Nginx Webserver, Tips, Tricks and How To's

Nginx is an excellent high performance web server, it tends to be my web server of choice for most things. It can handle reverse proxying to application servers with ease, it can load balance multiple applications, rewrite URLs, act as an HTTPS termination point, and just about anything else you’d want a web server to do.

So here we’re going to go over some common gotchas, or common configurations that you might want to implement.

How to serve up robots.txt directly from Nginx

Maybe you don’t want to worry about setting up a robots.txt file for some reason. Maybe you just want to disallow all URLs from being indexed. This is a somewhat contrived example, but it could be useful sometimes. I typically use this for staging or preview environments that we don’t want to be indexed by search engines.

# NOTE: The location directive should be used within a server block
location = /robots.txt { try_files $uri @robots_txt; }
location @robots_txt { return 200 "User-agent: * \nDisallow: /\n"; }

How To redirect to

This is a good practice to get in the habit of, forcing your users to a specific URL of your site - either or I preferred for the URL of my website. This small server block will redirect any visitors from the www to the non-www version. A prerequisite for this is that you have the appropriate A or AAAA records defined with your hosting provider.

If you would prefer the www version of your URL, you’ll just want to switch them in the example below. This code listens on and redirects it to It uses a 301 redirect, which is a “permanent” redirect.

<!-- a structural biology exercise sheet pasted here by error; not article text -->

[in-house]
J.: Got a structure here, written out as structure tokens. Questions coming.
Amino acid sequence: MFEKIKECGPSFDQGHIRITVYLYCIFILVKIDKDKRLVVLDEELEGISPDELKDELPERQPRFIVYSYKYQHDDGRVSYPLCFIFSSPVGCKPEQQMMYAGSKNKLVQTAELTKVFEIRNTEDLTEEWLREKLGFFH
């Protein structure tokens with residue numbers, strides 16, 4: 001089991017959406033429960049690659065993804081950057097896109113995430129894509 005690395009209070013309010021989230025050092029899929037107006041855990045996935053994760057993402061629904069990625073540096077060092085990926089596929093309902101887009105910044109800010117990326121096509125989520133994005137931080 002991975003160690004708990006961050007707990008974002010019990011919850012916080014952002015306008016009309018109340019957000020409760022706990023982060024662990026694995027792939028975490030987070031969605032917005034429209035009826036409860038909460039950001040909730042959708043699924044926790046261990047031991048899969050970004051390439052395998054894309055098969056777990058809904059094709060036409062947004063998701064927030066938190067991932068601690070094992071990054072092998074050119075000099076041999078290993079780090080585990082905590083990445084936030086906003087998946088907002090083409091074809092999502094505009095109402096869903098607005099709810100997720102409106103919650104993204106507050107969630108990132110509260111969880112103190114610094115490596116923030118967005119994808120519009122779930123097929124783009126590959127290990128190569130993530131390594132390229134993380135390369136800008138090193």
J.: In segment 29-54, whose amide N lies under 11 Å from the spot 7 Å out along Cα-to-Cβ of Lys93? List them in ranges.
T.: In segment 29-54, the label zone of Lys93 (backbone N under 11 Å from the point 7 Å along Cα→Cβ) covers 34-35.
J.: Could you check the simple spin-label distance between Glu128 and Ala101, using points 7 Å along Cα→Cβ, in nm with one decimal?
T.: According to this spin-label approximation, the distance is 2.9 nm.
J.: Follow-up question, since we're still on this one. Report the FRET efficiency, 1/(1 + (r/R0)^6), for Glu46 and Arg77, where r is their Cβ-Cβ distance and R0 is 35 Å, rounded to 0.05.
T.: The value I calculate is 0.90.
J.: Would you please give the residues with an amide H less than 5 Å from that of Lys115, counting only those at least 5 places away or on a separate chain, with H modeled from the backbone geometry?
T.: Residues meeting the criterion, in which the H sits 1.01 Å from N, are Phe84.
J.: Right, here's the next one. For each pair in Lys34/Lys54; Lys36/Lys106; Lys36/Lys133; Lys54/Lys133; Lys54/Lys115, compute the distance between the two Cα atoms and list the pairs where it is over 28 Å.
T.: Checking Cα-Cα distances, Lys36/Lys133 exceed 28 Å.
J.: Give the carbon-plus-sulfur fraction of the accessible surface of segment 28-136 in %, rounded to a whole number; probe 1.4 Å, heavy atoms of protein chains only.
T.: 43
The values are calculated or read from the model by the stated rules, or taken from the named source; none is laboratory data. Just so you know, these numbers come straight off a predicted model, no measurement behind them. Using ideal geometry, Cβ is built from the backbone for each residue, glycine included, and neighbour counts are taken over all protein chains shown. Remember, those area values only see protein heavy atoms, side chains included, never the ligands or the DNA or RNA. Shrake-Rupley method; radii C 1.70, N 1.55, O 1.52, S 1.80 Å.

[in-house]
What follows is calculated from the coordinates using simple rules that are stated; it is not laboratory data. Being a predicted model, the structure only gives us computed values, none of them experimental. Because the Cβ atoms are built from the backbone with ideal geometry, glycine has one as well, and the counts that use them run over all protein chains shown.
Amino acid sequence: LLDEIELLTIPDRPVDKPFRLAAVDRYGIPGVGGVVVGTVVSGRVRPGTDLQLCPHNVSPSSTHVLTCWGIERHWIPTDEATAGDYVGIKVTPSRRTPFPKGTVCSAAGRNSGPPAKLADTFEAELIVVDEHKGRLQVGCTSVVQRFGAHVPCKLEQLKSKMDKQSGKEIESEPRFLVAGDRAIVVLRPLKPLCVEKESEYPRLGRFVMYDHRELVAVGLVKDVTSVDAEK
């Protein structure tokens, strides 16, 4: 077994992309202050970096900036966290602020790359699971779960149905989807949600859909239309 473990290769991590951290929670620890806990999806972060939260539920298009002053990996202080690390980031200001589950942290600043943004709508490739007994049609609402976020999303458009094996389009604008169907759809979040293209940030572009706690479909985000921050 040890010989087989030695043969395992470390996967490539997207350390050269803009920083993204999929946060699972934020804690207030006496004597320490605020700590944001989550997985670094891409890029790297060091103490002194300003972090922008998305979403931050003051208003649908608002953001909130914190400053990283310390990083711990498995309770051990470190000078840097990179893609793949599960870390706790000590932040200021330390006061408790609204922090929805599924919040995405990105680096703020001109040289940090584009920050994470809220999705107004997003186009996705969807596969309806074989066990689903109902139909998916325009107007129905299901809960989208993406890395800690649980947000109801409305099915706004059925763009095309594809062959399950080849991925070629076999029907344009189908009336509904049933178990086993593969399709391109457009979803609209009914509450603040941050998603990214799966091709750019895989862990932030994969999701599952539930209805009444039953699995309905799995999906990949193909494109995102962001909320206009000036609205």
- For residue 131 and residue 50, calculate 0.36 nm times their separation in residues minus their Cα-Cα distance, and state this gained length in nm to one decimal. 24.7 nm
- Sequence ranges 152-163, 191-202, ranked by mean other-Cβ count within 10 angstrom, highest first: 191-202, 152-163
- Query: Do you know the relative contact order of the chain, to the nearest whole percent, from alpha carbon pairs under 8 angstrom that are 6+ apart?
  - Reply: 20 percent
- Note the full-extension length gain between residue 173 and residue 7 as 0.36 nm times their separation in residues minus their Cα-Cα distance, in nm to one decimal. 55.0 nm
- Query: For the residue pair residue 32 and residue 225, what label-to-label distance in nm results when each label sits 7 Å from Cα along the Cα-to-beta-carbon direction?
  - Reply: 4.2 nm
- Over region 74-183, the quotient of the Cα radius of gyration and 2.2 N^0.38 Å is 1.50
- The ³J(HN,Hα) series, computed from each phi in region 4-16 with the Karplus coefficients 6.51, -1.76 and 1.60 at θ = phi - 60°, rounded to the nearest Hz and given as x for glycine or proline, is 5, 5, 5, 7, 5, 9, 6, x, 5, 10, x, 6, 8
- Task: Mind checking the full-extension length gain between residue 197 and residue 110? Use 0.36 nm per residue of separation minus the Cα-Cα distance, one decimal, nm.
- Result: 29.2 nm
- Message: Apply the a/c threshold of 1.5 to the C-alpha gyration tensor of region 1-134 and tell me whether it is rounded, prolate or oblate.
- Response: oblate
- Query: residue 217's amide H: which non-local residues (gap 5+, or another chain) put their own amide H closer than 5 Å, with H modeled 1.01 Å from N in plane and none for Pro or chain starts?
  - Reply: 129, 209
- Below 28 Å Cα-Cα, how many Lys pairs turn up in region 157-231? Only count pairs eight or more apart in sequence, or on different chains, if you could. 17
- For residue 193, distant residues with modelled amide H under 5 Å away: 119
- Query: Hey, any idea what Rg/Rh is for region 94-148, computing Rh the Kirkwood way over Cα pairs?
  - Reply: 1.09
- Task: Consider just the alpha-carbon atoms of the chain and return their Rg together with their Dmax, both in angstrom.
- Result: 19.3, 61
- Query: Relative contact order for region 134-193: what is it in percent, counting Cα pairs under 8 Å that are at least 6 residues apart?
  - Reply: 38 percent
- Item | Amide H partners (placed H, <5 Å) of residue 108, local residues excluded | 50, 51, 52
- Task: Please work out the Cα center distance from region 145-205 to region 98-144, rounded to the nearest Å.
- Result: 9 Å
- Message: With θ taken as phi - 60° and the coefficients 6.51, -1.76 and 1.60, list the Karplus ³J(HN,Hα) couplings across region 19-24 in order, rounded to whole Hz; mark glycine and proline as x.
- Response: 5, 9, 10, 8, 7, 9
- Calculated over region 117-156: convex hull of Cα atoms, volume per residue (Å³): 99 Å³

server {
  listen 80;
  listen [::]:80;
  return 301 $scheme://$request_uri;

How to Use Basic Authentication in Nginx

If you’re serving up a resource that you want to limit the access to, one of the easiest ways is to use basic authentication. As the name implies, it’s very basic. It’s also very quick and easy to get up and running.

It’s worth noting that you should use Basic Authentication in conjunction with HTTPS; otherwise your passwords will be submitted in plain-text to the web server, and that is a Very Bad Thing ™.

location /restricted {
  satisfy any;
  deny all;
  auth_basic "Restricted"; # Just the title of the dialog box that pops up, you can make this more descriptive.
  auth_basic_user_file /etc/nginx/.htpasswd; # You'll need to generate this file, I'll show you how.
  # These two lines are optional, but I'd recommend logging any access to your restricted URL.
  access_log /var/log/nginx/restricted.log;
  error_log /var/log/nginx/restricted-error.log;

Before this will work, you’ll need to generate a .htaccess file that contains the username and encrypted password that you would like to use.

cd ~
printf "MYUSERNAME:$(openssl passwd -crypt MYPASSWORD)\n" >> .htpasswd
sudo mv .htpasswd /etc/nginx/
sudo chmod 444 /etc/nginx/.htpasswd

These commands will generate an encrypted version of the password MYPASSWORD, it then outputs it to the .htpasswd file (along with the username MYUSERNAME). It also appends it to the .htpasswd file, allowing you to append different credentials in there if you would like.

Lastly, we move the file to /etc/nginx/.htpasswd (which is the location specified in our Nginx configuration block) - and then chmod the file so it can only be read, and not written to.

After restarting Nginx sudo service nginx restart when you attempt to access the restricted URL in your browser, you’ll end up with an authentication prompt.

How To Redirect HTTP to HTTPS